Lucy reached for the glass of water. Her hand stopped about halfway there. Dammit. She felt her breath catch in her throat, and she tried to breathe deep so that she wouldn’t cry again. She hated it when her son saw her cry.
Bam-Bam was in the kitchen making dinner. She still thought of him as “Bam-Bam,” but he’d stopped letting her call him that. He wanted to go by “Abe”, which Lucy hated. To her it sounded like an old man’s name. It made her think of Abraham Lincoln. What didn’t help was that her brother had started calling her son “Honest Abe,” which Bam-Bam loved for some stupid reason.
She reached for the water, and her hand stopped. She told her hand what to do, trying to imagine nerves firing and electricity jumping through her muscles. Nothing. “Goddammit,” she whispered, more to test to see if she could speak than anything.
Bam-Bam came out of the kitchen. He was wearing the apron his uncle had bought him for his birthday. His uncle was a chef, and Bam-Bam thought that was the most amazing thing. “How you feeling, Mama?”
“Good,” she said.
“You need more water or anything?”
Lucy shook her head. “I’m OK.”
Bam-Bam looked back into the kitchen to check the sauce; it was simmering, but he could leave it a minute. He walked across the apartment to the table and sat down with his mother. The chair was too high and his feet didn’t touch the floor, but he didn’t mind. “Mama, you haven’t drank any. You sure you’re doing good?”
Lucy took another deep breath. “Yeah, baby. I just…I’m tired. My muscles are doing the weird thing again.”
Bam-Bam nodded carefully. “I could help you.” The sentence was quiet, matter-of-fact, and heavy.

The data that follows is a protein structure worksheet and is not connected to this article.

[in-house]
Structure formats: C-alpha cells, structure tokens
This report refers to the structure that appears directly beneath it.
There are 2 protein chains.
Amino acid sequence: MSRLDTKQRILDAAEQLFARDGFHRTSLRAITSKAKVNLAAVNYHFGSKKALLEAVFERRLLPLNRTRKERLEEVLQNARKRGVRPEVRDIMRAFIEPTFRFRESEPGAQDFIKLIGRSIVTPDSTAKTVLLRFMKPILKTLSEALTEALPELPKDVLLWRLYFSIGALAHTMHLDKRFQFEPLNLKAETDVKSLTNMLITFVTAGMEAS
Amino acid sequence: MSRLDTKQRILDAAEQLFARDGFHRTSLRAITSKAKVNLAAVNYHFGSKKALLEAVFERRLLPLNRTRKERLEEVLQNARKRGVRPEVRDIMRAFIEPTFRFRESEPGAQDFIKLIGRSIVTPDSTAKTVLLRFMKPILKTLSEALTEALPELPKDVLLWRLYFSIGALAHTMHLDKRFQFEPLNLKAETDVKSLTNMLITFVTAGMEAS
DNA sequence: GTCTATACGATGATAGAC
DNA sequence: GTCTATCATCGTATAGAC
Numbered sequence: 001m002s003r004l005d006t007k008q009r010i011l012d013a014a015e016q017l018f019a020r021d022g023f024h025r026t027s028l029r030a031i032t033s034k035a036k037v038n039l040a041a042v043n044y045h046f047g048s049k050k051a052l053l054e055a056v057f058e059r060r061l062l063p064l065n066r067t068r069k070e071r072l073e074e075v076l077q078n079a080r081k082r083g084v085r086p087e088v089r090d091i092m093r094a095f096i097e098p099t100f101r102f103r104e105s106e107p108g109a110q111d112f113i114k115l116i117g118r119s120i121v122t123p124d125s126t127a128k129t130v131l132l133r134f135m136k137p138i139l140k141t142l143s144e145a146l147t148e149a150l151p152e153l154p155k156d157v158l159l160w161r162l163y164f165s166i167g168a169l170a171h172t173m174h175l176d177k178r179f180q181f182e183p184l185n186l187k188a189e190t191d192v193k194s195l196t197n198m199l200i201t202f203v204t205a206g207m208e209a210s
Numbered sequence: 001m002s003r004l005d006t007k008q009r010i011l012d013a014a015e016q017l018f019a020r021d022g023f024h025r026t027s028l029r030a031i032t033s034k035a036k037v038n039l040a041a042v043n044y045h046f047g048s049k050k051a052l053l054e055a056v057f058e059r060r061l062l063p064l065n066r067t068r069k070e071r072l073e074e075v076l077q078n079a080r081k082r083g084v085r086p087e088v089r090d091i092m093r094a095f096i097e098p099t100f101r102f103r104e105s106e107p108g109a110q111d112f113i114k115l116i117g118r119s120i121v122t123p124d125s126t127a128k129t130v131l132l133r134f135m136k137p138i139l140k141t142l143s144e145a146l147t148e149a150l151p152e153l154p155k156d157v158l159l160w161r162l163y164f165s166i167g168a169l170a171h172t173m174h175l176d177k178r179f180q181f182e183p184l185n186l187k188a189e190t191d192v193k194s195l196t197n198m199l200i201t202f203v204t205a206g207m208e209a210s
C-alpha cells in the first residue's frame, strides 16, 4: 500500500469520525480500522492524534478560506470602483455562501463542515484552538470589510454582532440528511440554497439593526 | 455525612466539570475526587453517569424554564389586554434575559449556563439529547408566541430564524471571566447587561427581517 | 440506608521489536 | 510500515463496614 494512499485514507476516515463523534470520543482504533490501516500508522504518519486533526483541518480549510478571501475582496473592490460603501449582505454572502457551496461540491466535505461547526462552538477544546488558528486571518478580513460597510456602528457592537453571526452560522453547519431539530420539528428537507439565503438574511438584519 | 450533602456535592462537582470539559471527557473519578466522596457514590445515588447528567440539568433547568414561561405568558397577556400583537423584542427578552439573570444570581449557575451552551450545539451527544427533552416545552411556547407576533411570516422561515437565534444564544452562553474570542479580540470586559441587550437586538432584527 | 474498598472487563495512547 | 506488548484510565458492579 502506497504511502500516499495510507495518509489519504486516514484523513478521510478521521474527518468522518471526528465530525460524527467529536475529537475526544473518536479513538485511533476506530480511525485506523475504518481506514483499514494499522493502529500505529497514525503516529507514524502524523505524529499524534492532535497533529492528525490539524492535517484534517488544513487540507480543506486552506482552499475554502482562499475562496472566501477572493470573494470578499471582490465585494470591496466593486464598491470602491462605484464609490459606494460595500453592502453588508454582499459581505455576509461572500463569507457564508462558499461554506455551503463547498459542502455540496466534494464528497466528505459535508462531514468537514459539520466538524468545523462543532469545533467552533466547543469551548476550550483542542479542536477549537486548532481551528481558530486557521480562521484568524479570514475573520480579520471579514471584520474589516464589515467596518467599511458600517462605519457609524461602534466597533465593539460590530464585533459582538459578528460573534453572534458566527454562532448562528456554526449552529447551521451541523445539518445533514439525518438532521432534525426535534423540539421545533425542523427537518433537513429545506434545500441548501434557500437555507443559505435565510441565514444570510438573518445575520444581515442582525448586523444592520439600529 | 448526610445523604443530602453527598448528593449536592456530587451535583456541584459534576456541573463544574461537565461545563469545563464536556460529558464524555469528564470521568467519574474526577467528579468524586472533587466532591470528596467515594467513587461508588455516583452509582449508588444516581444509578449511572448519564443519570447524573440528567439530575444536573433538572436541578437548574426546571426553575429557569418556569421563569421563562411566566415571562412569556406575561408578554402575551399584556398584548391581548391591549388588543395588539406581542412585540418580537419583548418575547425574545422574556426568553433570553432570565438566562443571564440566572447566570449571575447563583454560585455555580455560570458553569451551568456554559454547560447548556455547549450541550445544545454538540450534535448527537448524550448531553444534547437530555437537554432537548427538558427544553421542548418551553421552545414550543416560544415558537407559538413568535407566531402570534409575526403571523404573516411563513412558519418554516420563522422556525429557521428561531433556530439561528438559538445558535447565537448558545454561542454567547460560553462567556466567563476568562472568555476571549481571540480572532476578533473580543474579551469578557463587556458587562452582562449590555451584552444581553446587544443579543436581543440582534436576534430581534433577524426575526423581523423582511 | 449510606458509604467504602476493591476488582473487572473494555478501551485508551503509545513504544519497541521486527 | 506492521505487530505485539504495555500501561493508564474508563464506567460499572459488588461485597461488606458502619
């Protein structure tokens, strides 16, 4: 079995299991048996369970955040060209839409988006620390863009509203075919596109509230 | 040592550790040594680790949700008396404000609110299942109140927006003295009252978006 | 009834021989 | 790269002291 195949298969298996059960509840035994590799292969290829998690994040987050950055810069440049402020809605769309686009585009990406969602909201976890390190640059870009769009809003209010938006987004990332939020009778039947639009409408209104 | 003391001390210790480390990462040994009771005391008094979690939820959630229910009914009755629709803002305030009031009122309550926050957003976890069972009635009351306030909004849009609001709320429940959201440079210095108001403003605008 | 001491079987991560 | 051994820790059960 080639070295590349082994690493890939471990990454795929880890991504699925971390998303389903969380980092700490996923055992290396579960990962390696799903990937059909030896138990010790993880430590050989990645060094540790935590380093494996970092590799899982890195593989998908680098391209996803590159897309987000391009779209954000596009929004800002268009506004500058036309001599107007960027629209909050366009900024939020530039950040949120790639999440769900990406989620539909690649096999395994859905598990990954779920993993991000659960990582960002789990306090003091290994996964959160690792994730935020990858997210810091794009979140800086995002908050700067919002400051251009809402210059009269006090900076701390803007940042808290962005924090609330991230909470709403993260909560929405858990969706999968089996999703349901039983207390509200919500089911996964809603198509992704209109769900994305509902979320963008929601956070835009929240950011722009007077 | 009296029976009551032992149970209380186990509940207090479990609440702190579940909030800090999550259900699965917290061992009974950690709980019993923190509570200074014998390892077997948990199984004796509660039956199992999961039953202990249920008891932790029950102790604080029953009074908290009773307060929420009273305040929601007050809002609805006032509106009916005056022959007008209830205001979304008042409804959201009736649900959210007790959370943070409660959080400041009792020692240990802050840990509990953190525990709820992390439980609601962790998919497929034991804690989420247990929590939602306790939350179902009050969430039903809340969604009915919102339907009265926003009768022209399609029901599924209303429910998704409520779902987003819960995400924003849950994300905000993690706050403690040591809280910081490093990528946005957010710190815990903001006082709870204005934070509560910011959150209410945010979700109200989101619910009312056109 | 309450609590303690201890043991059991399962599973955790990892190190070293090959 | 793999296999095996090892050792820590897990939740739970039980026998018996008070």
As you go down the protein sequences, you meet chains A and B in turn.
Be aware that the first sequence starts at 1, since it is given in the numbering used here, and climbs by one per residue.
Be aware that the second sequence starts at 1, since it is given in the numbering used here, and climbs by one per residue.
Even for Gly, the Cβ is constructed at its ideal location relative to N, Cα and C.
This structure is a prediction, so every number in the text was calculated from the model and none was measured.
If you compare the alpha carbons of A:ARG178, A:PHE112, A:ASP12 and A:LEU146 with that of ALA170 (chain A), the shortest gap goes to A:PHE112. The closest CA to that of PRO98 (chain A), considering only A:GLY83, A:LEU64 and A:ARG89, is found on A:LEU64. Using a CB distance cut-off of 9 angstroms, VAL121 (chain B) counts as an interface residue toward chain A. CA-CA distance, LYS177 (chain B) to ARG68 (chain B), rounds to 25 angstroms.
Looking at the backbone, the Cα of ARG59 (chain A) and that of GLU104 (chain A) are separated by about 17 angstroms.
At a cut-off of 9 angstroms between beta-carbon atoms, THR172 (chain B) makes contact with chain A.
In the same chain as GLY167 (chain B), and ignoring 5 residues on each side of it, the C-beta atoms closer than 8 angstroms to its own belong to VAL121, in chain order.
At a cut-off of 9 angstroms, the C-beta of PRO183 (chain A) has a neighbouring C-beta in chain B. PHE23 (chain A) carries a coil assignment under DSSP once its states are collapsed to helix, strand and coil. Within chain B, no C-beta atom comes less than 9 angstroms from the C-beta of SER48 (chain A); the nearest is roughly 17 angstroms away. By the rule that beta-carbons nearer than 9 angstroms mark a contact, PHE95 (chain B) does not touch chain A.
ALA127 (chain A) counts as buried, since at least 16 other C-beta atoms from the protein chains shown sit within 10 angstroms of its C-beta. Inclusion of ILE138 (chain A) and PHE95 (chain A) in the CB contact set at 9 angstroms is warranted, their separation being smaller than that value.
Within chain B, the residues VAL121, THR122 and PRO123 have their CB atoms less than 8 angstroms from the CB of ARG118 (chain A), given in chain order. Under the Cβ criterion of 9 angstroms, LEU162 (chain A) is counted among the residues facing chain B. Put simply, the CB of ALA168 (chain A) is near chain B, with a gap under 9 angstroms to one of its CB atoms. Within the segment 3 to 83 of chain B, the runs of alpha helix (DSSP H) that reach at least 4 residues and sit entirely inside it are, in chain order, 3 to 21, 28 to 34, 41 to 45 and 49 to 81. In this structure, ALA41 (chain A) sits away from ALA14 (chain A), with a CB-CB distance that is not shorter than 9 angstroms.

“Oh, baby.” She took his hand. It was small, but already had scars and burns like her brother’s. Perils of cooking. “Baby, I don’t want you to do that. What if the Agency-”
“They told me I could use my discretion.” Bam-Bam stood up. “They told me, if it’s an emergency, like if the invaders are about to kill someone or take someone or hurt someone, and I can stop them if I go forward, then I’m allowed to.”
Lucy nearly started to cry, but stifled it enough that it just sounded like a cough. “But baby, they already hurt me. You can’t help me now, they hurt my brain, and sometimes it’s just like this now.”
Bam-Bam sat back down. He knew she was right. The damage was done, and it wasn’t bad, but it was bad enough. Sometimes Mama can’t talk. Sometimes she can’t move. His friend Leah said it was like when you streamed a video and the connection was bad. Sometimes it got jumbled, sometimes it stopped altogether until the system picked up again. All you could do was wait it out.
“Hey,” she said. “You know what you could do? You could finish making us dinner, because I’m real hungry.”
He smiled. “Ok. You want noodles or rice? This sauce is good on either.”